We are looking at thousands upon thousands of spiritual refugees in the world searching for a safe space of divine protection after suffering emotional and mental trauma due to what they learned from “scholars.”
Back to Basics and Grassroots Efforts
For anyone who wants to help themselves and others navigate this current spiritual tragedy, it is incumbent upon us to go back to the basics by rooting our faith in the clear, definitive and foundational teachings of the Qur’an and prophetic Sunnah. In this, we must leave alone our obsessions with certain personalities, our fixations on debating issues of legitimate disagreement, and the misguided “scholarly permission” to scrutinize and criminalize the private halaal choices of other believers’ lives.
To get a clearer idea of what this shift of focus looks like, I invite you to watch my video series, I Almost Left Islam: How I Reclaimed My Faith—and to also read the accompanying book by the same name:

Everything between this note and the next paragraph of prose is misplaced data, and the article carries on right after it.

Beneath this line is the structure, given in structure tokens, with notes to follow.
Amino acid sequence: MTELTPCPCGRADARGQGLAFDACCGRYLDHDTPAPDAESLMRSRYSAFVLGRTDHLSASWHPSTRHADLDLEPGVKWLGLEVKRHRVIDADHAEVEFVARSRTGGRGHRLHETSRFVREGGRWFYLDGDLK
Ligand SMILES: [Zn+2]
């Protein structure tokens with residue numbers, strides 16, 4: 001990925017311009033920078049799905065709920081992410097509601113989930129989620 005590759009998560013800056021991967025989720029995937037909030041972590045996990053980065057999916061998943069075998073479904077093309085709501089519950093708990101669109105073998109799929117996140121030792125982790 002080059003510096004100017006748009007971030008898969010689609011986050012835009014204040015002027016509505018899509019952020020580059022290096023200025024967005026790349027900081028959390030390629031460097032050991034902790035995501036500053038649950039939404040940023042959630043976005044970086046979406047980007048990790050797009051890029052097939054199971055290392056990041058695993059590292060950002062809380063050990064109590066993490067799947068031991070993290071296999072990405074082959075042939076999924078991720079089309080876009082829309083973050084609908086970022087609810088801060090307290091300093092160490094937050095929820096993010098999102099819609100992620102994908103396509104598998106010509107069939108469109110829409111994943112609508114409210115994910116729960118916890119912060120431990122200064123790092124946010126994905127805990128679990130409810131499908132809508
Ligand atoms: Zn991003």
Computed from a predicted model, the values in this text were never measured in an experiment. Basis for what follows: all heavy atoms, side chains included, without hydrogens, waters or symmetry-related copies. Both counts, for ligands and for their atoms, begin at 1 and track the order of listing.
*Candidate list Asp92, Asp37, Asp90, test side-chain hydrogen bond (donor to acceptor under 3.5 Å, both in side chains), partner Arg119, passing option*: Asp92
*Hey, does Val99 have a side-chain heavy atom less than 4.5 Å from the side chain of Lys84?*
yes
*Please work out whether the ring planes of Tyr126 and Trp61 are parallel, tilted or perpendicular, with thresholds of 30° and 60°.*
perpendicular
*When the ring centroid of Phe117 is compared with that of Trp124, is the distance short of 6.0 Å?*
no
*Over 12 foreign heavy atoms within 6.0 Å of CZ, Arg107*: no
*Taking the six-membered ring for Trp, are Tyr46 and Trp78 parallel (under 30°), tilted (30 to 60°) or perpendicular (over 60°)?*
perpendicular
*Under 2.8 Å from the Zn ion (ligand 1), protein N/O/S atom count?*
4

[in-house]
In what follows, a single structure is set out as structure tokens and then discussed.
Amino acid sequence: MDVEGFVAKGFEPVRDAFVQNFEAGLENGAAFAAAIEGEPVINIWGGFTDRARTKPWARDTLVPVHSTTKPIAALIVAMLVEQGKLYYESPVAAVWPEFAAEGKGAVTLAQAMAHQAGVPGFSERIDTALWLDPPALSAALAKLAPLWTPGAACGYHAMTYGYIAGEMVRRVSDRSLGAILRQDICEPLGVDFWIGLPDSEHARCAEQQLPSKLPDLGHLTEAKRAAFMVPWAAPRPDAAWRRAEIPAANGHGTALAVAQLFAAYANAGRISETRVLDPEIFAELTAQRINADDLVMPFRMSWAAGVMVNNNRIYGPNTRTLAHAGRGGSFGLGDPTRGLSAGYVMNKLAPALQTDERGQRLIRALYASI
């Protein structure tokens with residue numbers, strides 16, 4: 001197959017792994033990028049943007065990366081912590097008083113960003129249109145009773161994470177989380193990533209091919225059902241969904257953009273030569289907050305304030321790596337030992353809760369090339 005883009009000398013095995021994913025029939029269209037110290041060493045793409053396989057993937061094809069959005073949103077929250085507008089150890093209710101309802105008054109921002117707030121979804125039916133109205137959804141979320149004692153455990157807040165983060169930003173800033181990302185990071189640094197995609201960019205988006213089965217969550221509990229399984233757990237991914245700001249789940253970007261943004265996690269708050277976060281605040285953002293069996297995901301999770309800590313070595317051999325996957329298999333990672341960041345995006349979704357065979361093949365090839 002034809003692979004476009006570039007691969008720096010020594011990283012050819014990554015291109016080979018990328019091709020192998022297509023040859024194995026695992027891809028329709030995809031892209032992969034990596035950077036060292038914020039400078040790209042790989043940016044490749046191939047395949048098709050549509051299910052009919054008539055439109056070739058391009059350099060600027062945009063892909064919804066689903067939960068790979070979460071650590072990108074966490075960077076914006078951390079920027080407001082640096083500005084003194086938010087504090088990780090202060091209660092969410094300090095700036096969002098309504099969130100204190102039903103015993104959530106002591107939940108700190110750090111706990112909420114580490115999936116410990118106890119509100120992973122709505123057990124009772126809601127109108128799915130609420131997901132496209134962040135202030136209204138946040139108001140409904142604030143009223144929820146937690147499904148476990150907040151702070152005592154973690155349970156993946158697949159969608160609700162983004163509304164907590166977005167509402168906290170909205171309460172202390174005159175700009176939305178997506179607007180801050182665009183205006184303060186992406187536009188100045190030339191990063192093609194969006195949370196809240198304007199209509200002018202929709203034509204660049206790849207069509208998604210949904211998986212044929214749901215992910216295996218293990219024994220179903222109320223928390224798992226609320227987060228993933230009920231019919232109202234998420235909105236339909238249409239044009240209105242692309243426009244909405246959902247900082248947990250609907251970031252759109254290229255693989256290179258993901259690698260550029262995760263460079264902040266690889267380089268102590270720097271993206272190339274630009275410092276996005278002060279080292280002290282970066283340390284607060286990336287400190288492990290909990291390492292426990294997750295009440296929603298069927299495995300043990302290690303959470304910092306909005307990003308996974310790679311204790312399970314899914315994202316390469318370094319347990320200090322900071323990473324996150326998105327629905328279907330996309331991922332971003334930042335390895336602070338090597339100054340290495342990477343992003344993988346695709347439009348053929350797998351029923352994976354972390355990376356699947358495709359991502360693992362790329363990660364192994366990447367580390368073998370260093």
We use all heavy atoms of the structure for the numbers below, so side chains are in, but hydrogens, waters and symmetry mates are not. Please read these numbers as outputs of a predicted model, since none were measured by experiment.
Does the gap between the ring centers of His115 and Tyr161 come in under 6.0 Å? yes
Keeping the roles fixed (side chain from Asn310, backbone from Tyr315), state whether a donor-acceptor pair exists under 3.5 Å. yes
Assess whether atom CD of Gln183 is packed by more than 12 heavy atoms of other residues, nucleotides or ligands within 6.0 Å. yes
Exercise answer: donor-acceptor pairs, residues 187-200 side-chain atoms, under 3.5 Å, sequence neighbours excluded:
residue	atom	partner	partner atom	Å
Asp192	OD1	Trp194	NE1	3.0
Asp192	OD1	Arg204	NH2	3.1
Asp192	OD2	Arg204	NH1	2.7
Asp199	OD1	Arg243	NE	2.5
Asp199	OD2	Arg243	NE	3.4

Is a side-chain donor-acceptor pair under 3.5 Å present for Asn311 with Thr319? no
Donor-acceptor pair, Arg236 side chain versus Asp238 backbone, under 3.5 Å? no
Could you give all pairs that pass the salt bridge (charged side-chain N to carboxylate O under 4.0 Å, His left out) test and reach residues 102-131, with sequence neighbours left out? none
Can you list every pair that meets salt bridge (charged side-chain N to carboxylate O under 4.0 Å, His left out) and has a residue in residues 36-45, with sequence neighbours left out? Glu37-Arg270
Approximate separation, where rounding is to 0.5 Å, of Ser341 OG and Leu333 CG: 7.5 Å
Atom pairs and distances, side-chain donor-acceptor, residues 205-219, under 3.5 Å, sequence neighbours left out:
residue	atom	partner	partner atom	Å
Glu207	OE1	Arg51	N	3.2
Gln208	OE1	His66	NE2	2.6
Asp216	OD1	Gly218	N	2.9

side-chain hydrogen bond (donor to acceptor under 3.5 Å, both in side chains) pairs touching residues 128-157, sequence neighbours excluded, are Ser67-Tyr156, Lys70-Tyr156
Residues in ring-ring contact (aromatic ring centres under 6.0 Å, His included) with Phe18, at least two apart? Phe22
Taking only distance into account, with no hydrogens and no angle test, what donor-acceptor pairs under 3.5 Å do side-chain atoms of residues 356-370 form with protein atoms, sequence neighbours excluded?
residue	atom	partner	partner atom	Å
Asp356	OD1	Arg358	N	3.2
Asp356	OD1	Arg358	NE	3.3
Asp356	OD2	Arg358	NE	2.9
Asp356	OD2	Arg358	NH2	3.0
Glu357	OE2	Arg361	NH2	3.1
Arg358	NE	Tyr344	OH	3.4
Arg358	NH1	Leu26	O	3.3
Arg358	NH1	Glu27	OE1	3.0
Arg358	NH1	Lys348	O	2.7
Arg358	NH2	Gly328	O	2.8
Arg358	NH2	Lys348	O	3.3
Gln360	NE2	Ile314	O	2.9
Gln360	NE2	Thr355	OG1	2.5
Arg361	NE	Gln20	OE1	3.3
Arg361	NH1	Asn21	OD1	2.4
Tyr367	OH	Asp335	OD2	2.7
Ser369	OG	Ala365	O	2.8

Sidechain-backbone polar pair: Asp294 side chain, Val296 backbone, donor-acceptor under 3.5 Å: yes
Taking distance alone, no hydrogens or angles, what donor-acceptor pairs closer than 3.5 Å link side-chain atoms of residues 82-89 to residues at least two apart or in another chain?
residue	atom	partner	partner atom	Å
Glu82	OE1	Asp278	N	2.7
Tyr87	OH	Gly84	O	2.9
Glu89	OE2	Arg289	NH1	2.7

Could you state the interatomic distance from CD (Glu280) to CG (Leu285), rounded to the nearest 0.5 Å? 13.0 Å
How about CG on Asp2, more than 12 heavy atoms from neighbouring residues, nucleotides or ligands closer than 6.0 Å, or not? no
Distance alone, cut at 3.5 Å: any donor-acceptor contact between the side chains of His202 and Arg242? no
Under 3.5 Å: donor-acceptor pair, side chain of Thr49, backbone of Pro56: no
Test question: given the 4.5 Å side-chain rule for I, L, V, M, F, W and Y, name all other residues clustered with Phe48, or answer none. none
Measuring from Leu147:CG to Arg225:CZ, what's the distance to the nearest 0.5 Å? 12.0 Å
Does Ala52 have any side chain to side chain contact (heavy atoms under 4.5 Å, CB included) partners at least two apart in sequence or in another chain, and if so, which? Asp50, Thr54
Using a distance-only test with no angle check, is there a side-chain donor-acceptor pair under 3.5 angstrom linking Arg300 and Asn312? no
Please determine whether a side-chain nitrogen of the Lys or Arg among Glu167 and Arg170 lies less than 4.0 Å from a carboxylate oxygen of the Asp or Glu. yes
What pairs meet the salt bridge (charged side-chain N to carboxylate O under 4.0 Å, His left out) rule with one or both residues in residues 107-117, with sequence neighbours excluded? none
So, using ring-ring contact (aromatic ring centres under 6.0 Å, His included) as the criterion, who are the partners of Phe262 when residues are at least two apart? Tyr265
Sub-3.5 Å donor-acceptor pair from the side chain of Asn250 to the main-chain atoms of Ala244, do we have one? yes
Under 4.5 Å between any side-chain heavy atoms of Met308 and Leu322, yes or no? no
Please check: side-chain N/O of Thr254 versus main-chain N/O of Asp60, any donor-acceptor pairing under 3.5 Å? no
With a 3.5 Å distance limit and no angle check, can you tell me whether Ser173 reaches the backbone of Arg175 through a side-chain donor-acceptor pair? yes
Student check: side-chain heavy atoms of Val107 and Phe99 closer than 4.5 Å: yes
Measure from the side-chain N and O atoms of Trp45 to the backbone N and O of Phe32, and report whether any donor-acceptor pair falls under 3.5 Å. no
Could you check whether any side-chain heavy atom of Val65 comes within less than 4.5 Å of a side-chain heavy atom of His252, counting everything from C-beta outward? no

Why Should We Listen To You?
I know for some people reading this, they will wonder why they should listen to anything I say (since I already admitted I’m not a scholar). And my answer is simple: You shouldn’t. If you find anything truthful or beneficial that I’ve said, then take it; and if you find anything harmful or not beneficial that I’ve said, then leave it.
My only prayer is that, for the sake of your soul, you apply this same principle in every environment where you are learning about your faith—irrespective of whether or not the writer or teacher carries the label “scholar.”
Your very soul and emotional health could depend on this seemingly simple approach to discerning spiritual truth.
Umm Zakiyyah is the internationally acclaimed author of twenty books, including the If I Should Speak trilogy, Muslim Girl, His Other Wife and the self-help book for Muslim survivors of parental and family abuse: Reverencing the Wombs That Broke You. Umm Zakiyyah holds a BA in elementary education and an MA in English language learning. She studied Arabic, Qur’an, Islamic sciences, ‘aqeedah, and tafseer in America, Egypt, and Saudi Arabia for more than fifteen years. She currently teaches tajweed (rules of reciting Qur’an) and tafseer in Baltimore, Maryland.